Caring for Brendon, not just his coronavirus care needs
When diagnosed with coronavirus it’s scary, overwhelming and life-consuming, and the weight of the worry can sometimes be too much to bear.
And someone who knows all about that strain is 95-year-old Brendon Fawley from Sanctuary Care’s Basingfield Court Residential Care Home in Basingstoke. Brendon openly admits he felt “terrified” about his own diagnosis, and without the support and care from the home’s team, he wouldn’t have felt as brave or resilient when struck with Covid-19 – read his story:
Brendon is a very cheerful person, you will always find him in good spirits with a reason to smile – not just for himself, but for his fellow residents and the home’s team.
But back in April, he was really not himself - he wasn’t feeling great, his infectious smile was dampened and just by looking at him you could tell everything was an effort.
Supporting Brendon’s anxiety
So the decision was made to test Brendon, who was already self-isolating. But as soon as the team mentioned Covid-19 testing Brendon’s anxiety peaked. Lou White, home manager, explained:
“Brendon was very aware of the seriousness of coronavirus - he knew too well it was keeping him away from physically seeing his loved ones as well as the impact it was having across the globe. So when he started to feel unwell and we advised we needed to test for Covid-19, he automatically starting panicking and worrying - he was dreading the results and was assuming the worst possible outcome.”
The wait for the results felt like a lifetime for Brendon. The 95-year-old was already receiving regular ‘check-ins’ and wellbeing chats from the team, but as he was waiting for the results he was feeling really low, so the team tried to ensure there was someone around to reassure Brendon at all times.
Caring for the person
Lou continued: “Our care for our residents goes beyond physical care needs, we care for the whole person including their emotional needs. And while we were waiting for test results, Brendon’s emotional and wellbeing needs were becoming far greater than his care needs. He was simply terrified and all he needed was someone to be there - to listen, to reassure and to remind him what an amazingly strong person he was - and that’s what we did in abundance.”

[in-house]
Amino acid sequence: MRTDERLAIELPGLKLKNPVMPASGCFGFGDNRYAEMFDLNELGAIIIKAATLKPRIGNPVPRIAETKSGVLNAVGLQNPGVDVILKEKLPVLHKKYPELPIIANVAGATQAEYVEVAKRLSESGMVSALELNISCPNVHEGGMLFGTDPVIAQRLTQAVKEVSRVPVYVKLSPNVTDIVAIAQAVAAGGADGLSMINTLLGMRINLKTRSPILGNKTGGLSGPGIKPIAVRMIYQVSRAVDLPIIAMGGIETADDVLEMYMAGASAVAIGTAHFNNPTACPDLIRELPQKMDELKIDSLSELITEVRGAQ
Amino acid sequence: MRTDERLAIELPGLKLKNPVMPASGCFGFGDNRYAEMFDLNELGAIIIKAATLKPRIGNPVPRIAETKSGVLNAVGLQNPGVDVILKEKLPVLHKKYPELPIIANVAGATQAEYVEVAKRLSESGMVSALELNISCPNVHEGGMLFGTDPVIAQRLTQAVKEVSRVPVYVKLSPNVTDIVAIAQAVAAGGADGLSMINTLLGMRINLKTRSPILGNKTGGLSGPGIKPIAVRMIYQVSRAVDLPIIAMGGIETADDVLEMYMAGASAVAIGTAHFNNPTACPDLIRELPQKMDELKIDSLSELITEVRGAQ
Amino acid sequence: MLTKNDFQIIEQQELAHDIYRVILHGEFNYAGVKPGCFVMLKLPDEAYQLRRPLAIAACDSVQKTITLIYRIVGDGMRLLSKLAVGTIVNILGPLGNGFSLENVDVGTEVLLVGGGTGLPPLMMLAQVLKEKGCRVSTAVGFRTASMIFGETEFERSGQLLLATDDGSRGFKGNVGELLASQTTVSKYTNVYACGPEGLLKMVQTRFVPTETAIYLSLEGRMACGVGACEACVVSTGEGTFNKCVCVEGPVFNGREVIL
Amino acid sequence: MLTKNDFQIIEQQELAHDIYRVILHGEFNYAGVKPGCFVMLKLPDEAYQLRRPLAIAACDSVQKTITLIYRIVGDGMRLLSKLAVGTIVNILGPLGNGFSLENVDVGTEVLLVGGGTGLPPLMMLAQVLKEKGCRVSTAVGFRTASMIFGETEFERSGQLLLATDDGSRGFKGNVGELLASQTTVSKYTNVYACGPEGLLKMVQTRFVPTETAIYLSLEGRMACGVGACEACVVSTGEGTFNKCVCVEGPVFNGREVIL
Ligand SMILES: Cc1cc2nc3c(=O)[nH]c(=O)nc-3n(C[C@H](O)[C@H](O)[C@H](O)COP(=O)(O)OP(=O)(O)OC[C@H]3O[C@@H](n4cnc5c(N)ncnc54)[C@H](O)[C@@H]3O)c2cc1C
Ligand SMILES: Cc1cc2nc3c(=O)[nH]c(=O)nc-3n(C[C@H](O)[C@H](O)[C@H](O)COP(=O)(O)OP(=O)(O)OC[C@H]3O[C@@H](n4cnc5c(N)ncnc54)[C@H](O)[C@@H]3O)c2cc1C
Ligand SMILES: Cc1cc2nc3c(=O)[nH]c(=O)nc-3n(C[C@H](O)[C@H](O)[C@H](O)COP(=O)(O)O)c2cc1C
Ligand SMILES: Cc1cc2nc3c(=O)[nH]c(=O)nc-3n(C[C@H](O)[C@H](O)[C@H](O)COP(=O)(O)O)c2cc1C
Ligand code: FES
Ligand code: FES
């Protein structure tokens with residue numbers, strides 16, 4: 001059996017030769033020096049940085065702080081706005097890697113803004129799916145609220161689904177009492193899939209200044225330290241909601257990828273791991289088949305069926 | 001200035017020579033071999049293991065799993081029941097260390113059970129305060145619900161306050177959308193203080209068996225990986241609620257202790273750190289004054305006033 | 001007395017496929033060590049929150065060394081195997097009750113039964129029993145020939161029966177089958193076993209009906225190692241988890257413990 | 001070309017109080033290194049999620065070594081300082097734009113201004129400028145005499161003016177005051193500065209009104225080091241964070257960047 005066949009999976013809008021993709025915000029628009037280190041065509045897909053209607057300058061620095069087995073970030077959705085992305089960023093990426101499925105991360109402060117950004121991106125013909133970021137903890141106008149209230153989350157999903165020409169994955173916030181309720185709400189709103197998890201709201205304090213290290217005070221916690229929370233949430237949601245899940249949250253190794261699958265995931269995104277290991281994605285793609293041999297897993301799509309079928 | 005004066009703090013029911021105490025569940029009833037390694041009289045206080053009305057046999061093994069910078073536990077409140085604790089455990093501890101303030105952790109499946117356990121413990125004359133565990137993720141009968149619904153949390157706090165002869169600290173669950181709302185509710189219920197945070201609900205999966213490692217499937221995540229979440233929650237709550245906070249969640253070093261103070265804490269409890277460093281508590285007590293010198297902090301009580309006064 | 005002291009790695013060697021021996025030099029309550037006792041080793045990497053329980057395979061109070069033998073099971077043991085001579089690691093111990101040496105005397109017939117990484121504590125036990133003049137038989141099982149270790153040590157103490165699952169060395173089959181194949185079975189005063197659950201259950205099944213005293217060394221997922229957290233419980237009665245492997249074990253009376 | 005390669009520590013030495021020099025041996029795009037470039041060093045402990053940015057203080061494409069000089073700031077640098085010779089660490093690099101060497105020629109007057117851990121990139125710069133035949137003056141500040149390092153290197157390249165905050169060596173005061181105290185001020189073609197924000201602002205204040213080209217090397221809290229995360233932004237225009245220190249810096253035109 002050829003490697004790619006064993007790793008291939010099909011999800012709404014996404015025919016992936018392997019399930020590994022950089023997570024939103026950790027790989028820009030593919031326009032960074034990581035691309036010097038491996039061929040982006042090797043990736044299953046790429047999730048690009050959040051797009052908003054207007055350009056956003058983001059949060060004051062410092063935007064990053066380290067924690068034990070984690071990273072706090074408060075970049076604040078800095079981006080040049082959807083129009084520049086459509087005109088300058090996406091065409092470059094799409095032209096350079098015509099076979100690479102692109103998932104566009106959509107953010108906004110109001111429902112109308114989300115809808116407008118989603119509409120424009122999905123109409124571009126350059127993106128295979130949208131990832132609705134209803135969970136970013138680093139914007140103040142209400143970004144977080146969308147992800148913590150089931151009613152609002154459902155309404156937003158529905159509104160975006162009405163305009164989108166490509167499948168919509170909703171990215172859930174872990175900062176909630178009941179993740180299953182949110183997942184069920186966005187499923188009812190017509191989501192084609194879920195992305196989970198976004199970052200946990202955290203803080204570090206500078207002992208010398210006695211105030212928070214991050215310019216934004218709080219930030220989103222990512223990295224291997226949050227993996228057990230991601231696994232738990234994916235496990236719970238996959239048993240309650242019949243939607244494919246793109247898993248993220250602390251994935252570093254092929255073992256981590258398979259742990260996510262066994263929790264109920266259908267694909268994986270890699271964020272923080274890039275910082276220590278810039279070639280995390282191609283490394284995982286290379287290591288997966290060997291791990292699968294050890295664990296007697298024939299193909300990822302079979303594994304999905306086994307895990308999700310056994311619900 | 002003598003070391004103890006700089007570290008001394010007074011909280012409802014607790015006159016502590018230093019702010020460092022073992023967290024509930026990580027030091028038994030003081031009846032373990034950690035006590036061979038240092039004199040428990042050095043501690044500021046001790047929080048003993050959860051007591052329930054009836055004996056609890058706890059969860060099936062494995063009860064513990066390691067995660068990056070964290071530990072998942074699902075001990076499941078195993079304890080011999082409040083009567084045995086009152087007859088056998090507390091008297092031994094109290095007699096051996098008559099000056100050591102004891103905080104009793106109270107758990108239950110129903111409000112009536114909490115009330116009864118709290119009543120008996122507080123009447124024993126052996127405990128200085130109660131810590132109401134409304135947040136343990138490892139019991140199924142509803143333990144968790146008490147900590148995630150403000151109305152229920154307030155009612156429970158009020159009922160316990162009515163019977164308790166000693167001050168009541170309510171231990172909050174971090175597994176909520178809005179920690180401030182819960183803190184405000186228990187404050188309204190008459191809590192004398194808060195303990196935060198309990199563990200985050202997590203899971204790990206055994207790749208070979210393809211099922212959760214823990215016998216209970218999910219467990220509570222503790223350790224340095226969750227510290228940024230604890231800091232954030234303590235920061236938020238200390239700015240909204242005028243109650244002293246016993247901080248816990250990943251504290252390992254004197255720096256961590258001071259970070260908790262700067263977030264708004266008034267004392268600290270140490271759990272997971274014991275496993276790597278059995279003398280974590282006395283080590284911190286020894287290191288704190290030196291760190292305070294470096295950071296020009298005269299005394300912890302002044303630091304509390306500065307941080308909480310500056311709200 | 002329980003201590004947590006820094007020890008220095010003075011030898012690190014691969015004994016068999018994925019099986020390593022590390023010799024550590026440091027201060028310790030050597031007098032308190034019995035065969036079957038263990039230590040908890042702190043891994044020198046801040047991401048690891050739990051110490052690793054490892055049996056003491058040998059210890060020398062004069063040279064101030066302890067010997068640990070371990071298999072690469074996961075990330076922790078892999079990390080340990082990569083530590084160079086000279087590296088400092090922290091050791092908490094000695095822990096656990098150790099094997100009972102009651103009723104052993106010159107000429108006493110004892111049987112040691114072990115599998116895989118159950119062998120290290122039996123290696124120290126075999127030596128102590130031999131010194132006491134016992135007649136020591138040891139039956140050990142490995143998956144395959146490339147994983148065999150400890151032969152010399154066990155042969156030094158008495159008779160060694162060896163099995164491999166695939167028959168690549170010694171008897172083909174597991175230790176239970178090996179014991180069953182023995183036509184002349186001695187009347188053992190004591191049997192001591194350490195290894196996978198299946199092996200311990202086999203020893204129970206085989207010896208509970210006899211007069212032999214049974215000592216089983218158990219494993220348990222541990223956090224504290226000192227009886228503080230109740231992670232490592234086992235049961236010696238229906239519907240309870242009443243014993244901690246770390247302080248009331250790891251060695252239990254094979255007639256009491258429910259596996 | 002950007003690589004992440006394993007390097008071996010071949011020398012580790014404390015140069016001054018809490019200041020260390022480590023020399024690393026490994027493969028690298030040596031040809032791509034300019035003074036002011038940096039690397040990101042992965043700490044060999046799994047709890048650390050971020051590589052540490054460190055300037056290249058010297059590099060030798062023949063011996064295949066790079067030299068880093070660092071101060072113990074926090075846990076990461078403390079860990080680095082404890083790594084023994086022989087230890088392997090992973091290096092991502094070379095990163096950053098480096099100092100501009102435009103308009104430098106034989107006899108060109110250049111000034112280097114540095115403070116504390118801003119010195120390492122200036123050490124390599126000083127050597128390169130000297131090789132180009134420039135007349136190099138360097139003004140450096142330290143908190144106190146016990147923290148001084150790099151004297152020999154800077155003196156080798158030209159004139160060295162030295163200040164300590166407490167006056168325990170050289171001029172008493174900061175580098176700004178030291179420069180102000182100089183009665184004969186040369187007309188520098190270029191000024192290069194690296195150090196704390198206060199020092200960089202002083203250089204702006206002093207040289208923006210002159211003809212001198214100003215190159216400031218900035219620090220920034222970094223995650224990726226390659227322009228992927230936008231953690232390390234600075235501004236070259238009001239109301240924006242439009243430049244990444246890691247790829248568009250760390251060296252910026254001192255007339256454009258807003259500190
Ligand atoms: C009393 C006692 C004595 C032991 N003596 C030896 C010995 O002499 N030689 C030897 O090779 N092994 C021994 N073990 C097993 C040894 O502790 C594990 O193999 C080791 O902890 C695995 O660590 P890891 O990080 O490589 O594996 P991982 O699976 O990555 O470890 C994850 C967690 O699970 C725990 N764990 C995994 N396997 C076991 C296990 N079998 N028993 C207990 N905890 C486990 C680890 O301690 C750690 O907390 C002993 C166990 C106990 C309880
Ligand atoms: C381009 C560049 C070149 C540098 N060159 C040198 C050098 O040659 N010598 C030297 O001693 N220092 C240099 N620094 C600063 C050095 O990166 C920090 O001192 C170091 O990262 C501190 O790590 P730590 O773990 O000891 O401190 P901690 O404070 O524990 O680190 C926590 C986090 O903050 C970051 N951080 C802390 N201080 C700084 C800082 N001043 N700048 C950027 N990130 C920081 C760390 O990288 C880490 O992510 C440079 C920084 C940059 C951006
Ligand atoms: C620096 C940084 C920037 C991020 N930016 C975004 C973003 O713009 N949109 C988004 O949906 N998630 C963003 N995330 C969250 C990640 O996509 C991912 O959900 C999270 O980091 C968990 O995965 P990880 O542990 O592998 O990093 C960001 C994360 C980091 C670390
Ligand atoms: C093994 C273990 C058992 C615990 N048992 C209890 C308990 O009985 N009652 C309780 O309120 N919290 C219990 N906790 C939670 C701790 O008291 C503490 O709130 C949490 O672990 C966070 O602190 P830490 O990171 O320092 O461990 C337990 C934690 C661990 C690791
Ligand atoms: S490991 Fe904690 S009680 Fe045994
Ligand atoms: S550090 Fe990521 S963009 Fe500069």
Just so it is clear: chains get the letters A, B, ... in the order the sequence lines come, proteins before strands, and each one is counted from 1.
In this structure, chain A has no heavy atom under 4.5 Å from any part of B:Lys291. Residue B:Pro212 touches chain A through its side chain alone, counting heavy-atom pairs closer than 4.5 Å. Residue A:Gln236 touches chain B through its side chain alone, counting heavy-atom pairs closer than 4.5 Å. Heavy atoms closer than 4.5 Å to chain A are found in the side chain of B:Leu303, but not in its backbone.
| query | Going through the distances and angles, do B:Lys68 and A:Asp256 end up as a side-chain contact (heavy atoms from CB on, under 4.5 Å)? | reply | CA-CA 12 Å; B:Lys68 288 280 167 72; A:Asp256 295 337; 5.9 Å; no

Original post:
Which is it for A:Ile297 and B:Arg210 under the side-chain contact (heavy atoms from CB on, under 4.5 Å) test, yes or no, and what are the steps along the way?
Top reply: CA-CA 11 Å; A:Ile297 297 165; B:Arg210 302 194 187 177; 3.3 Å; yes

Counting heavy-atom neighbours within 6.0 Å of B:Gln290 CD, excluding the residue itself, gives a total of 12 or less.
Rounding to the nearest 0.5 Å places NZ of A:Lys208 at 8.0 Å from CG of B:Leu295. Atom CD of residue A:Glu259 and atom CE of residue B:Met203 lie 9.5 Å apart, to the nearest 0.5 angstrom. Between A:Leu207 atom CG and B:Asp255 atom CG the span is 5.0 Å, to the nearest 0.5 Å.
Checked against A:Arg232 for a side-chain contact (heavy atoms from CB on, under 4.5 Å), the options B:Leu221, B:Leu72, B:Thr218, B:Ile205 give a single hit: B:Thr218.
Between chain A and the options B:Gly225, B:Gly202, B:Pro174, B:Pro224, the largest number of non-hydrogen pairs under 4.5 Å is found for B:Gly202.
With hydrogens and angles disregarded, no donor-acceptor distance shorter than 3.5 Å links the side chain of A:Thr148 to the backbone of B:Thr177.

While the home and Brendon were awaiting the results, Lou and her team stayed in touch with his loved ones. Together, once the ‘positive’ result was confirmed, the team and his family planned how they would pass this information onto Brendon, with a supportive and person-centred approach, ensuring he remained reassured and safe.
Lou shared: “Even though Brendon’s Covid-19 experience was not as medically serious as some, we were all worrying about his wellbeing. Throughout his illness, the whole team continued to be there, supporting him and ensuring he was continually comforted. And as with all our residents, we kept loved ones informed of any changes, no matter how small because to them, and to us, it maybe small on paper but the residents are our world, so it means everything.”
“…the carers supported me at every step…”
Sharing his views on his time with coronavirus, Brendon added: “It was so terrifying for me but positive thinking is what pulled me through and that was all thanks to the carers who supported me at every step of the way. They made me focus on just me and made the concept of living with Covid-19 manageable, easing all my panic - I couldn’t have done it without them. So for anyone who is going through it, try to have faith and believe you will be okay – just keep thinking this is a virus you can beat.”
Giving insight on how she managed to keep everyone feeling safe during this time, Lou continued: “It sounds so simple but it’s so important, as soon as I was aware of coronavirus and the implications it may have on the care sector, I briefed my team with what was happening and what might come to our home and it was as integral as ever to ensure that Basingfield Court did not lose its homely spark. As always my team continued to deliver their high quality service, including homely and delicious meals, outstanding care and person-centred activities. And while activities did have to be adapted, they have continued and remained to a high standard for everyone, even those who were isolating like Brendon, who managed to enjoy a music concert from his bedroom window during his illness.”